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China’s Exporters Could Have a Painful Summer as Trade Game Turns More Defensive

China played its exchange rate weapon this week to prove that it has the means to fight a tougher trade war with the US, but the Chinese government, like its major counterparts, also needs a solid economic floor to survive a bigger turmoil. Hence, trade and inflation data out of the country early on Thursday and Friday could be treated as clues on whether the world’s second biggest economy should proceed with more stimulus to enhance its financial dynamics.

China’s exports to keep falling, imports as well

In the second quarter, the Chinese economy recorded its weakest annual growth pace in almost three decades (6.2%), with the services sector sharply slowing down and the manufacturing industry remaining in the contraction area according to the Caixin PMI survey. GDP growth readings could have been even worse if the authorities did not stimulate consumer spending through cutting taxes and lowering the reserve requirements the banks are asked to hold. But with Washington refusing to step back on its trade and intellectual property rights demands, and Beijing showing no compromise, questions are arising about how much longer consumers could feed economic growth.

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Chinese businesses have been struggling with US import tariffs for more than a year now, seeing their new export orders tumbling as their US partners looked for alternative purchases to avoid additional costs. On Thursday, July’s trade update is expected to show a sharper decline of 2.0% y/y in exports compared to June’s fall of 1.3%. Imports are also projected to contract more rapidly by 8.3% versus 7.3% in the preceding month, flagging softer domestic demand.

Consequently, China’s trade surplus with the rest of the world could narrow from $50.98 billion to $40bn. In the bigger picture and in terms of expansion, such a result may not bring much of a worry since this would still be above the 5-year average and therefore growth-supportive for the third quarter. But with the Trump administration threatening to impose an additional 10% import tariff on Chinese goods in September, it seems that the worst has yet to come for the Chinese business sector and the rest of the world.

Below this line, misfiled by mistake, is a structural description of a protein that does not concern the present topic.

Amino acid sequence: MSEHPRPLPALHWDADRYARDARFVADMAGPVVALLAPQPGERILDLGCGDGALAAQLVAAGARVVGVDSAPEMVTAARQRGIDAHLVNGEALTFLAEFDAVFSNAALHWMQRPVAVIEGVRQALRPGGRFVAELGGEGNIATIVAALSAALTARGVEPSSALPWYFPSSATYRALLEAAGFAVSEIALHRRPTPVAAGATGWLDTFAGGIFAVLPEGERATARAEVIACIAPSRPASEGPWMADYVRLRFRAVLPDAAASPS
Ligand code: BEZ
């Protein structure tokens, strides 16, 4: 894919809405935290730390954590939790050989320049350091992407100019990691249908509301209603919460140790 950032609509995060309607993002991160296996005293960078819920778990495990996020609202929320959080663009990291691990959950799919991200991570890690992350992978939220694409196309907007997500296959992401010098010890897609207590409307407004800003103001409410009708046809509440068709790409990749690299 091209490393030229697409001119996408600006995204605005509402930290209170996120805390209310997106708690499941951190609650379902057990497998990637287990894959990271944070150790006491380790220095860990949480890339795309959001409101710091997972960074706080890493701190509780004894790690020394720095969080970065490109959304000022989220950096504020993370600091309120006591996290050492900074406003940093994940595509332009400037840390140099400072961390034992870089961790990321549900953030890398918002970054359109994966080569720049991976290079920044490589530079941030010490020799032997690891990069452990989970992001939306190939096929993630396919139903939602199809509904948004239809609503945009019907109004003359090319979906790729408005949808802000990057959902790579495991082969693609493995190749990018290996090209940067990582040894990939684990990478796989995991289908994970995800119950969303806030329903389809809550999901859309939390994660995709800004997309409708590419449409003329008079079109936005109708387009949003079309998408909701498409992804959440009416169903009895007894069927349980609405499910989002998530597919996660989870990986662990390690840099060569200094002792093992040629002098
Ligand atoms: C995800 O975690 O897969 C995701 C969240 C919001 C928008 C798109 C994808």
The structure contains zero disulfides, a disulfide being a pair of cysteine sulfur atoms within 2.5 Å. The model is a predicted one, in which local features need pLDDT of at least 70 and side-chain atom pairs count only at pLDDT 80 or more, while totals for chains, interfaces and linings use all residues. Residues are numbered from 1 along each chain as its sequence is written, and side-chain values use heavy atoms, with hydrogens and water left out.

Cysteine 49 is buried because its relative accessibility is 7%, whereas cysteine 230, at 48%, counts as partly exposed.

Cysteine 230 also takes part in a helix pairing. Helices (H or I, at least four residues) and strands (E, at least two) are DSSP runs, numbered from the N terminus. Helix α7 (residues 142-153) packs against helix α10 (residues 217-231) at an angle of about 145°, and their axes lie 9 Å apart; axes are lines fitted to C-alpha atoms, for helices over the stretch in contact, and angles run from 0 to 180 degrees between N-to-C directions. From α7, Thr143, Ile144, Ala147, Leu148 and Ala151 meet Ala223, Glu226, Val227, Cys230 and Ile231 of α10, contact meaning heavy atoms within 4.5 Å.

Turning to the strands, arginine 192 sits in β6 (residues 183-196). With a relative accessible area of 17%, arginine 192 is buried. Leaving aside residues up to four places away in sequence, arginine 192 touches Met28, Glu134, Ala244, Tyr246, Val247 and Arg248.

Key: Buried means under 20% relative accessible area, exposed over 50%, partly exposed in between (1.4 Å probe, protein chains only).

Business confidence is the main problem  

US clients could bring their orders for Chinese products forward to avoid a potential hike in import expenses, pushing China’s exports higher in the coming months. Nevertheless, the business confidence for new capital spending will presumably stay muted as markets see no end in sight to the bitter trade game. In addition, demand for labor could theoretically weaken and consumption narrow in the aftermath, unless the government further boosts liquidity.

On Monday, China used a more drastic strategy to retaliate to the US’ new threats and proved that is not ready to give in to the trade war first. While similar occasions in the past ended with both sides exchanging tariff warnings, this time the People’s Bank of China decided to bring out its currency weapon to remind the US that among others, it can also adjust its exchange rate tool to offset any economic headwind. By allowing the yuan to depreciate below the 7 key-level against the greenback, the central bank, which sets a daily rate for the yuan, makes Chinese products cheaper overseas and therefore provides an export advantage to domestic producers.

The move also proved that although headline inflation continues to trend below the 3.0% target, monetary easing through lower interest rates is not on the cards yet as in other major economies. Instead, the government among others could provide lower taxes, promote infrastructure spending, and even maintain the offshore yuan above 7 per dollar in the future to keep economic growth at a healthy pace and within the 2019 growth target of 6.0-6.5%. Note that the headline CPI, is projected to arrive steady at 2.7% y/y on Friday and any unexpected weakness in the measure could be also perceived as negative for domestic demand.

Technical analysis

All in all, the current developments in the trade context are strongly disruptive for the yuan but also for its liquid proxies such as the Australian dollar. Any discouraging news related to China’s economic performance including Thursday’s trade stats and Friday’s inflation data could weigh on the aussie, sending AUDUSD back down to the new 10 ½-year low of 0.6676, while lower, the way could open towards the 0.6437-0.6385 region amid speculation that China might release more stimulus in the coming months to balance the economy.

In case the numbers arrive better-than-expected, AUDUSD could hit the restrictive 20 simple moving average (SMA) in the four-hour chart currently at 0.6766, where any decisive close higher may open the door for the 0.6800 round level and the 50-SMA at 0.6830.

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